Tcl was designed as a solution to these problems. The name stands for "tool command language," and Tcl was designed from the start for that role. It was intended to be a reusable, application-neutral language that could be used by a wide variety of applications as a configuration, customization, extension, or command language. The author and designer, John Ousterhout, had been involved in the design of several applications and had grown increasingly frustrated by the distraction of having to design new languages for each of them, by the inadequacies of the resulting languages, and by the burden that the proliferation of languages placed on end users. Tcl is his answer.

Tcl is a simple language, oriented around strings and commands. Rather than having several different data types, Tcl represents all values as character strings, and instead of the usual combination of statements, procedures, functions, and expressions, Tcl code consists almost entirely of commands. Even control structures such as for and while loops are simply commands. In these respects, Tcl is reminiscent of the UNIX shells or the DOS batch-file language, but it is superior in many ways.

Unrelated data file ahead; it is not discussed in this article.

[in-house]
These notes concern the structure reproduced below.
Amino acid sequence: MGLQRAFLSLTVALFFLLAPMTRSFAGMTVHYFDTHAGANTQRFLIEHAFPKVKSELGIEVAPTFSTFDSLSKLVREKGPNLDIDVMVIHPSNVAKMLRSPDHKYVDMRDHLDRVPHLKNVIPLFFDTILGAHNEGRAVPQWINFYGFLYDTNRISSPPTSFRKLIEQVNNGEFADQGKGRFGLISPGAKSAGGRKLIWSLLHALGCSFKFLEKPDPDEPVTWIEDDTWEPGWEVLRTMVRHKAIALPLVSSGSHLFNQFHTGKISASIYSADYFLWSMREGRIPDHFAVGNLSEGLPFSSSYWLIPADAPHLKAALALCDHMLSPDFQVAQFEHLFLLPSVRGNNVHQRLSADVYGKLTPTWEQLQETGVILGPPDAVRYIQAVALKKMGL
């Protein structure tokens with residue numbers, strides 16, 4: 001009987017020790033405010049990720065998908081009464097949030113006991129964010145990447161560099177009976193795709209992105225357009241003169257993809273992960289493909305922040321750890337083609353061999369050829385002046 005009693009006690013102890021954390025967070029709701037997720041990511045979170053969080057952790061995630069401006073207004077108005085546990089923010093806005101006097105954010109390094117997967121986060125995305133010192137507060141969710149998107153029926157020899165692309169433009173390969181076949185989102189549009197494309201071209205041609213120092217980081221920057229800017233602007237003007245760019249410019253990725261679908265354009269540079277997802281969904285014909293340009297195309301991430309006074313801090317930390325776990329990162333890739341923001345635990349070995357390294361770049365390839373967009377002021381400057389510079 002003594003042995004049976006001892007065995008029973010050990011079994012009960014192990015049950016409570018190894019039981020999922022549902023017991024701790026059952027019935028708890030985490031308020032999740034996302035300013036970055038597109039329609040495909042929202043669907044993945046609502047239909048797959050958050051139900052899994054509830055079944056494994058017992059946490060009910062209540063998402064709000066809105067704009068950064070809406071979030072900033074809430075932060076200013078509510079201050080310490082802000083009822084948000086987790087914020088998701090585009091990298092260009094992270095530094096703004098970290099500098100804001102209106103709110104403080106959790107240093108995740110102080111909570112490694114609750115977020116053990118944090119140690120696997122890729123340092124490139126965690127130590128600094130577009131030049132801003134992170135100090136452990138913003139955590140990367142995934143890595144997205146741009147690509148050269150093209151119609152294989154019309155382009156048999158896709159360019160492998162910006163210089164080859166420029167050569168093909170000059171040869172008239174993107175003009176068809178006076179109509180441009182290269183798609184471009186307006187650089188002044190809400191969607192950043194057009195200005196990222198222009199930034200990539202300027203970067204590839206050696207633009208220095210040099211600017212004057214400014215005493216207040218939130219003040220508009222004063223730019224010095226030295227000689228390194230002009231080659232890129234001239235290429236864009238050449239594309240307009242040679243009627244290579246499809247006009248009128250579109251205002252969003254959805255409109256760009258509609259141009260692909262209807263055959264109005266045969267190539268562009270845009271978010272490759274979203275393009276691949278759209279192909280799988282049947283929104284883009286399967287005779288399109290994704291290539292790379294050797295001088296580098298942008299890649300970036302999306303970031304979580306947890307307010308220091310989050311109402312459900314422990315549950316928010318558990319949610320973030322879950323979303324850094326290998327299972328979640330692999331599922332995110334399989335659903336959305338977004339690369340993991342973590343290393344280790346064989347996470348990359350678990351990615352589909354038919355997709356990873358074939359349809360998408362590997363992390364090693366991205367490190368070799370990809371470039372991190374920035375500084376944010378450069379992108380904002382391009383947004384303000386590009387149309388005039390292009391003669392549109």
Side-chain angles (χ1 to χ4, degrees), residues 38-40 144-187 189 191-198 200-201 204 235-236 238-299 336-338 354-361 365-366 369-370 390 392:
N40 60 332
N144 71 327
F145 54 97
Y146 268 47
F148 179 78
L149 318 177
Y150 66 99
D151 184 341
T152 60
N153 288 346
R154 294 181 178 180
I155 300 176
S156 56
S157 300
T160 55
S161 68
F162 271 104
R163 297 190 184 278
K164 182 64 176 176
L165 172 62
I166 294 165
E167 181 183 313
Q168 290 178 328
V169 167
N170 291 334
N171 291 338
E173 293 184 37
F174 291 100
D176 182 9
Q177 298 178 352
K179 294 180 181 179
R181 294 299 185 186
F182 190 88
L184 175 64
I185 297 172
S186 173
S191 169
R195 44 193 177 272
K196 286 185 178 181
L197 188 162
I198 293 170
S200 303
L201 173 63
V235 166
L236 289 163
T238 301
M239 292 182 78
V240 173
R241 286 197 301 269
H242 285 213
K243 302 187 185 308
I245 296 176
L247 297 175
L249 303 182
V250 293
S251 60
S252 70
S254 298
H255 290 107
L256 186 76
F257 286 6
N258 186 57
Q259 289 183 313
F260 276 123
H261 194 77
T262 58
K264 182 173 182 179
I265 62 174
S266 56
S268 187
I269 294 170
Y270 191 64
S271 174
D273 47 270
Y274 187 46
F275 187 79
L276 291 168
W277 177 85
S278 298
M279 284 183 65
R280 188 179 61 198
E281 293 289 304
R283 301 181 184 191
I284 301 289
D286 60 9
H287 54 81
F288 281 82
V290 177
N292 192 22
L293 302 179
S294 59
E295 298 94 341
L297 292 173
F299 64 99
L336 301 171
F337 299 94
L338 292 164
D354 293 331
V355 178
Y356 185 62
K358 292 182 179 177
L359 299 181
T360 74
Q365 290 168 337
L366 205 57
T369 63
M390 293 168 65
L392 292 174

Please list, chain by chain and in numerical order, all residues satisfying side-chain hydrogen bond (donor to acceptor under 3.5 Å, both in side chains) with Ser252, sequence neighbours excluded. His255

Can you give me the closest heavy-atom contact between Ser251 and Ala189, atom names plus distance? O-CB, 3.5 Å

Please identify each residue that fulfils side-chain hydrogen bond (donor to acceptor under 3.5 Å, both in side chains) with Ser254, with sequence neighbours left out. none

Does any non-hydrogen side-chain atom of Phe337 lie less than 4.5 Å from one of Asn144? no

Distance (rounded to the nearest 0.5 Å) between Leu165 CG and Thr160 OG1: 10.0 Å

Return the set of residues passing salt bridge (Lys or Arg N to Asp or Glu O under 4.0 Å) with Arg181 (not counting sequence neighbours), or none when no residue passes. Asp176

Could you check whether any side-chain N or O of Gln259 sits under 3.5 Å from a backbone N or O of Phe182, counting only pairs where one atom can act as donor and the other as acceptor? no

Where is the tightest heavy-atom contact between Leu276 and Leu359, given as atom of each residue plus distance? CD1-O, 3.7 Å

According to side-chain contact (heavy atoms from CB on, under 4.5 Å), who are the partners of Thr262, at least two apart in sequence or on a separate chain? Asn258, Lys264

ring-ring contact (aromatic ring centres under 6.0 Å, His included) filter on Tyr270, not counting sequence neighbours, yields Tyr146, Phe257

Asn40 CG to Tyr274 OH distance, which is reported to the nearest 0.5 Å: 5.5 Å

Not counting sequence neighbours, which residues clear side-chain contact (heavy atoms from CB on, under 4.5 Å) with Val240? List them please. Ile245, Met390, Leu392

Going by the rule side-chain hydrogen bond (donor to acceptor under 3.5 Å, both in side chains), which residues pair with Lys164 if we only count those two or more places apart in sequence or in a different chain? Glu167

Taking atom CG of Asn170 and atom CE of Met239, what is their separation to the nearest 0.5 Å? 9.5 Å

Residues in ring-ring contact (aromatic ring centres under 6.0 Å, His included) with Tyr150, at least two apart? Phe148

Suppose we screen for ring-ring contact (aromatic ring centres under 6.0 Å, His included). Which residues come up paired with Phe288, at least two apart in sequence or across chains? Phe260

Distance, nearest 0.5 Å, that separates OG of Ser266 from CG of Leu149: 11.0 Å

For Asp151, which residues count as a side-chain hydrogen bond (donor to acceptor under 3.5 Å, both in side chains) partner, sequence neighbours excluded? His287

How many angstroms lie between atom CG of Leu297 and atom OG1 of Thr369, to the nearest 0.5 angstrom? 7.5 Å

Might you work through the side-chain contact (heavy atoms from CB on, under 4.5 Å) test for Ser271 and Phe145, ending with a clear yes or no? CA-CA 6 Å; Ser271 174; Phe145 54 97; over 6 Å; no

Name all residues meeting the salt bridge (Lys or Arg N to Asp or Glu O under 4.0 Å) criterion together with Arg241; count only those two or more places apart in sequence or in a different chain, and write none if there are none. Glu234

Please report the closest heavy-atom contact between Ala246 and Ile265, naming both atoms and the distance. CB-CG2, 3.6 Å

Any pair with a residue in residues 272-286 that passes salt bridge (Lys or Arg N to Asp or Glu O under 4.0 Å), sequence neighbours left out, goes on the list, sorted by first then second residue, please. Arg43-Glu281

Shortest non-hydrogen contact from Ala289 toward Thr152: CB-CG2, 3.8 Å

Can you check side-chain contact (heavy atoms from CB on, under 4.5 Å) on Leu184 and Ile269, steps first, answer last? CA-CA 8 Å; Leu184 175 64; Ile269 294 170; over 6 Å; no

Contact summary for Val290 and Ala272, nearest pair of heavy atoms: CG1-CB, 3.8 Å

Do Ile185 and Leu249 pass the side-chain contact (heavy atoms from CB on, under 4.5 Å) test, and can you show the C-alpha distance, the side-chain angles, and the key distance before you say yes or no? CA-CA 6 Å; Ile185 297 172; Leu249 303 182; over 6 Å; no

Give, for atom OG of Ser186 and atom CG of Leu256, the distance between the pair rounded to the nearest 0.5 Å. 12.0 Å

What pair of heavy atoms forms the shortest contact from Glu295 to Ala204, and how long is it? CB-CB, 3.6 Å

Tcl is implemented as a library, so applications written in languages such as C or Java can embed Tcl and use it as a scripting language. An important part of that embedding process is creating new, application-specific Tcl commands that can be used by Tcl scripts to control the application or query its current state.

One crucial aspect of Tcl's design is that application-specific extensions exist on an equal footing with the built-in Tcl facilities, instead of being "second-class citizens." This gives the application developer maximum freedom in designing the interface between the application and Tcl. It's possible to provide application-specific control structures that iterate over some part of the application's data or structure in some useful way. The application also can create "magic" Tcl variables that directly represent portions of the application's state (the Tcl interpreter ties such variables either to C variables or to C accessor functions that are responsible for getting and setting the value).